Join the NC Justice Center and AARP NC on Tuesday, April 17 for the next Campaign for Better Care community luncheon and make your voice heard on one of the most important, complex issues in North Carolina today.

The Campaign for Better Care aims to make improvements in the health system for older adults and build a strong, lasting consumer voice for better health care. Come and share your experiences and ideas about what you think needs to be changed in our health system. Plus, take advantage of the expertise offered from the AARP, the Seniors’ Health Insurance Information Program (SHIIP) and other organizations.

The free event will be held from 11:30 a.m. - 1:30 p.m. at the Beloved Community Center, 417 Arlington Street, Greensboro, NC 27406. To reserve your seat, contact the Beloved Community Center at (336) 230-0001 or Nicole Dozier at or (919) 856-2146. Click here for a printable flier.

If you are interested in hosting a NC Campaign for Better Care event, contact me at 919-856-2146 or

Keeping You Posted

"Reviewing the health reform law," by Adam Searing
Published March 8, 2012, Raleigh News & Observer

This is a big month for the national health care law, the Patient Protection and Affordable Care Act. March 22 marks the second-year anniversary of the law's passage, and on March 26 to 28 the U.S. Supreme Court will hear arguments in cases challenging the law.

What does all this mean for North Carolina? First, the anniversary is an opportunity for more public education about the benefits of the law for families. Thousands of children under age 26 in the state are able to stay on their parents' health plans and maintain coverage. North Carolina's federal health insurance high risk pool (, created by the law, has meant that many people can get more affordable health coverage despite having had the bad luck to have had cancer, back problems or another serious medical condition. Seniors and people with disabilities are getting cheaper drugs and improved preventive health care benefits under Medicare every day.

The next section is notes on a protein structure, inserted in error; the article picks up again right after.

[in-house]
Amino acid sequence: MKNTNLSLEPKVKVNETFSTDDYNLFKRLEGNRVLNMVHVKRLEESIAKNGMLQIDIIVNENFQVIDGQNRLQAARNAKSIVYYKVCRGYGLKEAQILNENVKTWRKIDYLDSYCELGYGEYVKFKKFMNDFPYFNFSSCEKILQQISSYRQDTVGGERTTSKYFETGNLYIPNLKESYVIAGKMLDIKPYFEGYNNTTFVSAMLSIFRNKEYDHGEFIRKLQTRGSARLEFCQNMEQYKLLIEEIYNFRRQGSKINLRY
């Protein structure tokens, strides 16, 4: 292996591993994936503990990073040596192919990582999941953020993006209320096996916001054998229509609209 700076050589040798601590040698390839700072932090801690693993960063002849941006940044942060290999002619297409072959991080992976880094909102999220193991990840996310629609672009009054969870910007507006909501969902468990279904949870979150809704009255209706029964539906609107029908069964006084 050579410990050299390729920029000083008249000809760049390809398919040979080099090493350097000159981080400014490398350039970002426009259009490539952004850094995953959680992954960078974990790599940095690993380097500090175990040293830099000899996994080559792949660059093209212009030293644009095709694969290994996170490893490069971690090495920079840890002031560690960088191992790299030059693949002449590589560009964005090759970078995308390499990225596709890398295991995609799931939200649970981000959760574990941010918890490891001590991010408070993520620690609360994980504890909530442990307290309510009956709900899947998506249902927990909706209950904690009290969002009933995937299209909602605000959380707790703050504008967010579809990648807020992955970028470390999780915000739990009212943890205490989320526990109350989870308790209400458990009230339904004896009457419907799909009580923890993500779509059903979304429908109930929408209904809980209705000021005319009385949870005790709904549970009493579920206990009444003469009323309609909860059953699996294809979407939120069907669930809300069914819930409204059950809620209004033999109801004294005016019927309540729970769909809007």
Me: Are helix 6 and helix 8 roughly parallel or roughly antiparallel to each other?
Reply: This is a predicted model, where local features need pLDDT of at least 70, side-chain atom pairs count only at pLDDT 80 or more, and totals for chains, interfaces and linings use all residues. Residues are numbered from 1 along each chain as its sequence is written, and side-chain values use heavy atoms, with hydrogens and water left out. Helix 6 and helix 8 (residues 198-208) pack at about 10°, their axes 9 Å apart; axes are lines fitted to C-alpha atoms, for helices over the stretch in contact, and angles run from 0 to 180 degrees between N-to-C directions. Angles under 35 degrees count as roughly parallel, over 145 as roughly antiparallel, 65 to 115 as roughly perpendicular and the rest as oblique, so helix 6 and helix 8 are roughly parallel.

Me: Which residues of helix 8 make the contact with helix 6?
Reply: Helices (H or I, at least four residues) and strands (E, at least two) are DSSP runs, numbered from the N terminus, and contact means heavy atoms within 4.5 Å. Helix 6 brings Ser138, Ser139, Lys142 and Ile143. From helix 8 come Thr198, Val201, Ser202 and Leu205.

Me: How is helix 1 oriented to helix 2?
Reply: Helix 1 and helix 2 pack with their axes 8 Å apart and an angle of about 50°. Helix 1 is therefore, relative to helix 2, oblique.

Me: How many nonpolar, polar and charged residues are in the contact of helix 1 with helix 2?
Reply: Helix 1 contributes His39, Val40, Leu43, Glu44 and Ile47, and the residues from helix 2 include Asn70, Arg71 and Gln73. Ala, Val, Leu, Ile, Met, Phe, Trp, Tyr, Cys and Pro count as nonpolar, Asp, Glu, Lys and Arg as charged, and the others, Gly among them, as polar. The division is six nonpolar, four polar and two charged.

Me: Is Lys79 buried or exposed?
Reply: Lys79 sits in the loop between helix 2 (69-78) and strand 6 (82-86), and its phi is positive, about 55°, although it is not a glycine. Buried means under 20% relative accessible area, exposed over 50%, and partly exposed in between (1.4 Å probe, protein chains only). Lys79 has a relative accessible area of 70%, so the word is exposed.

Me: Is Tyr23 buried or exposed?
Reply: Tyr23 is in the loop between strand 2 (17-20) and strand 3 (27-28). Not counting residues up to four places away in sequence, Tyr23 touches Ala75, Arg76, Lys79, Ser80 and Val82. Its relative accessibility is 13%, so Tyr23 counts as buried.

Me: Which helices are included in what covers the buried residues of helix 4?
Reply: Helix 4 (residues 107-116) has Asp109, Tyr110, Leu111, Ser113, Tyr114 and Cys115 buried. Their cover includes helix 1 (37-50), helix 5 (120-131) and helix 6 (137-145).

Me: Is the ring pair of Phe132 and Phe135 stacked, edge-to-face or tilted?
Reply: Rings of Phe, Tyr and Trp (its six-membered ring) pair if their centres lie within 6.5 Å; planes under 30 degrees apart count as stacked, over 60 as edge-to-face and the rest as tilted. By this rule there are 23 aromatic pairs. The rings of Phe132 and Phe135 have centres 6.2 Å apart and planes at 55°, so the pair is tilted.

And in 2013 people who don't get their health insurance through their work will enjoy the same affordable deals and protections against pre-existing condition charges and exclusions as everyone else.

Ironically, around the time of the anniversary come the legal arguments on challenges to the law in the Supreme Court. While multiple courts –including by leading conservative judges – have upheld the health care law these cases have some potentially serious consequences.



Eldercare Locator
Phone: (800)677-1116
Provides information on local aging service providers

Inclusive Health
Phone: (866)665-2117
Provides more affordable health insurance to individuals living with serious, chronic pre‐existing health conditions

We have created extensive lists for the resources available in various communities in North Carolina. So far, we have lists for the following:

Stay tuned for resources lists for more communities throughout the year.

First Person

We are hopeful that together we can build a strong and lasting consumer voice for better care. Please see this short video of Geraldine Alshamy. If you would like to share your story please contact Nicole Dozier at

Watch here.